I think this question would be clarified as "Is free will an even logical possibility with respect to some set of laws of nature we could in principle design, or is it impossible in every possible world". What you're getting at is a very deep, very interesting question, but the "mathematician" somewhat obscures it the core idea here.
That out the way, it's a clever, but unsuccessful, attempt to side step some of the conceptual issues at play in the free will debate. We still need to agree on a definition of "free will" to see whether we can design a possible world with features that allows for it. And so you'll be dragged, inevitably, kicking and screaming perhaps, into the compatibilism debate. Does it REALLY follow that, if an arbitrary action of mine, X, is determined, but part of that determiniation is things we consider part of our "will", that I haven't willed it? And so on. Standford encyclopedia will be helpful there.
But your strategy is a fruitful one if we do the following. Suppose we list every definition of freewill within the free will debate, and then try to be "mathematicians", as you put it, and try to design a possible world that satisfies it. I imagine that's been done by someone, but it's a useful thing to do for yourself: see which definitions of free will are logically possible. But the two crucial questions still remain. In order of depth (ascending), they are:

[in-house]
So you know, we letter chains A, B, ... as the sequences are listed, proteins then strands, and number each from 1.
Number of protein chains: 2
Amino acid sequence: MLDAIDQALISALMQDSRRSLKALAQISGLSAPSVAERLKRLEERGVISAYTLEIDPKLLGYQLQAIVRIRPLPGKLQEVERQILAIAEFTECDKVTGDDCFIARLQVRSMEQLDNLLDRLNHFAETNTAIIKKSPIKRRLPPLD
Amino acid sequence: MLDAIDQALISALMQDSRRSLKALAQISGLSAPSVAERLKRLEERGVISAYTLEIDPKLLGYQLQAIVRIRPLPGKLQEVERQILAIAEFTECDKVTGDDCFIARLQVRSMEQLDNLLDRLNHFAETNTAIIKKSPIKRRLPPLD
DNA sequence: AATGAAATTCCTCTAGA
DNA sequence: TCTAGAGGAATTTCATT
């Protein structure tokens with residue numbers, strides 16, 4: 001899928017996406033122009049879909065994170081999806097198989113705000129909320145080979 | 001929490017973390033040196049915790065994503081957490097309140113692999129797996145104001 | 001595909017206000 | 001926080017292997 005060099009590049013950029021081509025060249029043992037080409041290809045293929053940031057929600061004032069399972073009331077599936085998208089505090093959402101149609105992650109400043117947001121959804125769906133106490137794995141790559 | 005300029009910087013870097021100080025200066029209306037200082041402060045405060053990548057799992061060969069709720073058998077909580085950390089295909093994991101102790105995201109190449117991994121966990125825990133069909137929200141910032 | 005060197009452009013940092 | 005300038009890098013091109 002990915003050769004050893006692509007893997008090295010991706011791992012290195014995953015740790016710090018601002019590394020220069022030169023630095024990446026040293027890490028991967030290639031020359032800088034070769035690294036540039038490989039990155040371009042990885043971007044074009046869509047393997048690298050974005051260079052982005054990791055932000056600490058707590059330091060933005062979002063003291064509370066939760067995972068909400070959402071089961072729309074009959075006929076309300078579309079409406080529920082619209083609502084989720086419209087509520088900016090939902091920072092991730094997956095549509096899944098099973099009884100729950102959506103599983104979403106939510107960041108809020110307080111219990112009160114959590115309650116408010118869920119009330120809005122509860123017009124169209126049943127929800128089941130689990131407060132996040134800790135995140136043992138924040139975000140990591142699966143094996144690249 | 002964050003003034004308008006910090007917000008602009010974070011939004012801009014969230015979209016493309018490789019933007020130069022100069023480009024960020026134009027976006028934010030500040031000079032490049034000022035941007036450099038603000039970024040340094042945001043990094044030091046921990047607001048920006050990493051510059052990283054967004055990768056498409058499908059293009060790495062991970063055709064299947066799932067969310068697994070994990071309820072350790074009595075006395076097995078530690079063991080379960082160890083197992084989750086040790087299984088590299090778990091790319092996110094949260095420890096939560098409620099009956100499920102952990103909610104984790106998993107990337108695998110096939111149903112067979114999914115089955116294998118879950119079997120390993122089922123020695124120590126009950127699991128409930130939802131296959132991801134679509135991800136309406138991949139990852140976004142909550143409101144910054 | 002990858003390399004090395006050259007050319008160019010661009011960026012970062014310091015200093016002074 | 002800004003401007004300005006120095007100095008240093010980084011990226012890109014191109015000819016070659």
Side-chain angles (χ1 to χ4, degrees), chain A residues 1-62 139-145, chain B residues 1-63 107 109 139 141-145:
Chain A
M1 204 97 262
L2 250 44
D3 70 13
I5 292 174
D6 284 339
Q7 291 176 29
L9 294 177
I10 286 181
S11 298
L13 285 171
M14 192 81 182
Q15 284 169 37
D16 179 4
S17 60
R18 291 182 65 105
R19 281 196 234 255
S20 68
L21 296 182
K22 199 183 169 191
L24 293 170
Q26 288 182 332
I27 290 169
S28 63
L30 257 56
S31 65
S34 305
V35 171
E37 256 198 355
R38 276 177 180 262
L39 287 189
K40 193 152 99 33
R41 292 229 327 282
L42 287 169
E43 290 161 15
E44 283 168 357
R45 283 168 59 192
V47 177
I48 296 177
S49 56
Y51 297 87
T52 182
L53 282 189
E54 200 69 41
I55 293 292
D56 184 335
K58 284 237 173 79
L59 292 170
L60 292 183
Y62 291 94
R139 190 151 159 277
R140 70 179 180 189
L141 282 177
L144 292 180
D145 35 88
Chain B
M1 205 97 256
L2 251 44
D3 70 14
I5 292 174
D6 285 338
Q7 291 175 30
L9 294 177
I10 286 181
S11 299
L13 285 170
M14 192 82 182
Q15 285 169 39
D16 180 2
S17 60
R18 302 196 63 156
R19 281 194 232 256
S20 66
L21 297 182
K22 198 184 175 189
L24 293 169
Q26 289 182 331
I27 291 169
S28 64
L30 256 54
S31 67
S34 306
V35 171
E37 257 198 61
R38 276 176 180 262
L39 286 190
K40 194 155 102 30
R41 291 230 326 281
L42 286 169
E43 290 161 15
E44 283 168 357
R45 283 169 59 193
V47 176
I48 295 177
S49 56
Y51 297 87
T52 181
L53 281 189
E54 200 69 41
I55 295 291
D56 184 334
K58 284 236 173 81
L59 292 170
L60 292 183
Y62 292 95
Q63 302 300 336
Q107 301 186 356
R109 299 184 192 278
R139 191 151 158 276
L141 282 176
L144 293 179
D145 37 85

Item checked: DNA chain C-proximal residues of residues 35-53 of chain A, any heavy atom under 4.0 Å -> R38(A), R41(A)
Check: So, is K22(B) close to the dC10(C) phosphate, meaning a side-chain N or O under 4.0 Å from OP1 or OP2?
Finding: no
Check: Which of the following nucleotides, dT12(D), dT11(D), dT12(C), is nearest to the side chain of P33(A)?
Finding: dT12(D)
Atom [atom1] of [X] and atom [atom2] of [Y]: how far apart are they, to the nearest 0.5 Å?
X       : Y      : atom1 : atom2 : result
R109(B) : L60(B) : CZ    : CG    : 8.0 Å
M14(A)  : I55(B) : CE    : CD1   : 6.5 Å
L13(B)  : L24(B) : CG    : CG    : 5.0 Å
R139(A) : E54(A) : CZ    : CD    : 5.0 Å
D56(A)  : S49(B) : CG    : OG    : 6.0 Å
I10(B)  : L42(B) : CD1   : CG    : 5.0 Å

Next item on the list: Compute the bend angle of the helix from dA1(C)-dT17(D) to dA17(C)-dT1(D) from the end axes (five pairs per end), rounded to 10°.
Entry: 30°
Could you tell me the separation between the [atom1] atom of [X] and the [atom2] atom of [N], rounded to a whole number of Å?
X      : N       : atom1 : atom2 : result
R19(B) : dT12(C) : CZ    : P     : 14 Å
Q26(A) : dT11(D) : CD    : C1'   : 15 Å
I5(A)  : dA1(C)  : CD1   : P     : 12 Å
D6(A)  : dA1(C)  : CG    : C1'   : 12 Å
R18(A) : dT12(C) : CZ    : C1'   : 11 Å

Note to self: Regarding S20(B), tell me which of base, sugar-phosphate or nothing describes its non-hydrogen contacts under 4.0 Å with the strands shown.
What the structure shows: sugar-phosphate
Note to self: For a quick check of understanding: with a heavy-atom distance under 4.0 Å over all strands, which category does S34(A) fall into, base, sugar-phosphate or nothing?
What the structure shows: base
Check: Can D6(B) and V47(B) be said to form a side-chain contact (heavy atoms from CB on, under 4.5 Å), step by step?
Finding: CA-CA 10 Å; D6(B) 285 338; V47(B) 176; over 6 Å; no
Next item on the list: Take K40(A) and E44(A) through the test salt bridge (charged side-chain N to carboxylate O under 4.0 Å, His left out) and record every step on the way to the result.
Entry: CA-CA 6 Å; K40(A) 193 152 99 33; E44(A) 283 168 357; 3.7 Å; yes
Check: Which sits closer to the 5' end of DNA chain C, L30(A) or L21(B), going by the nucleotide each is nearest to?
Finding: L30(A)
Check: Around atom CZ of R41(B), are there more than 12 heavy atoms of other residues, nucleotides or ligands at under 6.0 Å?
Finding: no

Is our world one which satisfies the criteria of being a world W, where W is the set of worlds that allows some definition D of free will to exist?
Even if this definition, D, of free will is possible on our world (that is, our world is a member of the set W with respect to D), is this definition the "right one"? What is even the criteria for the "right" definition?
As you can see, your line of reasoning is absolutely worthwhile, but can only get us so far.
I hope this is helpful.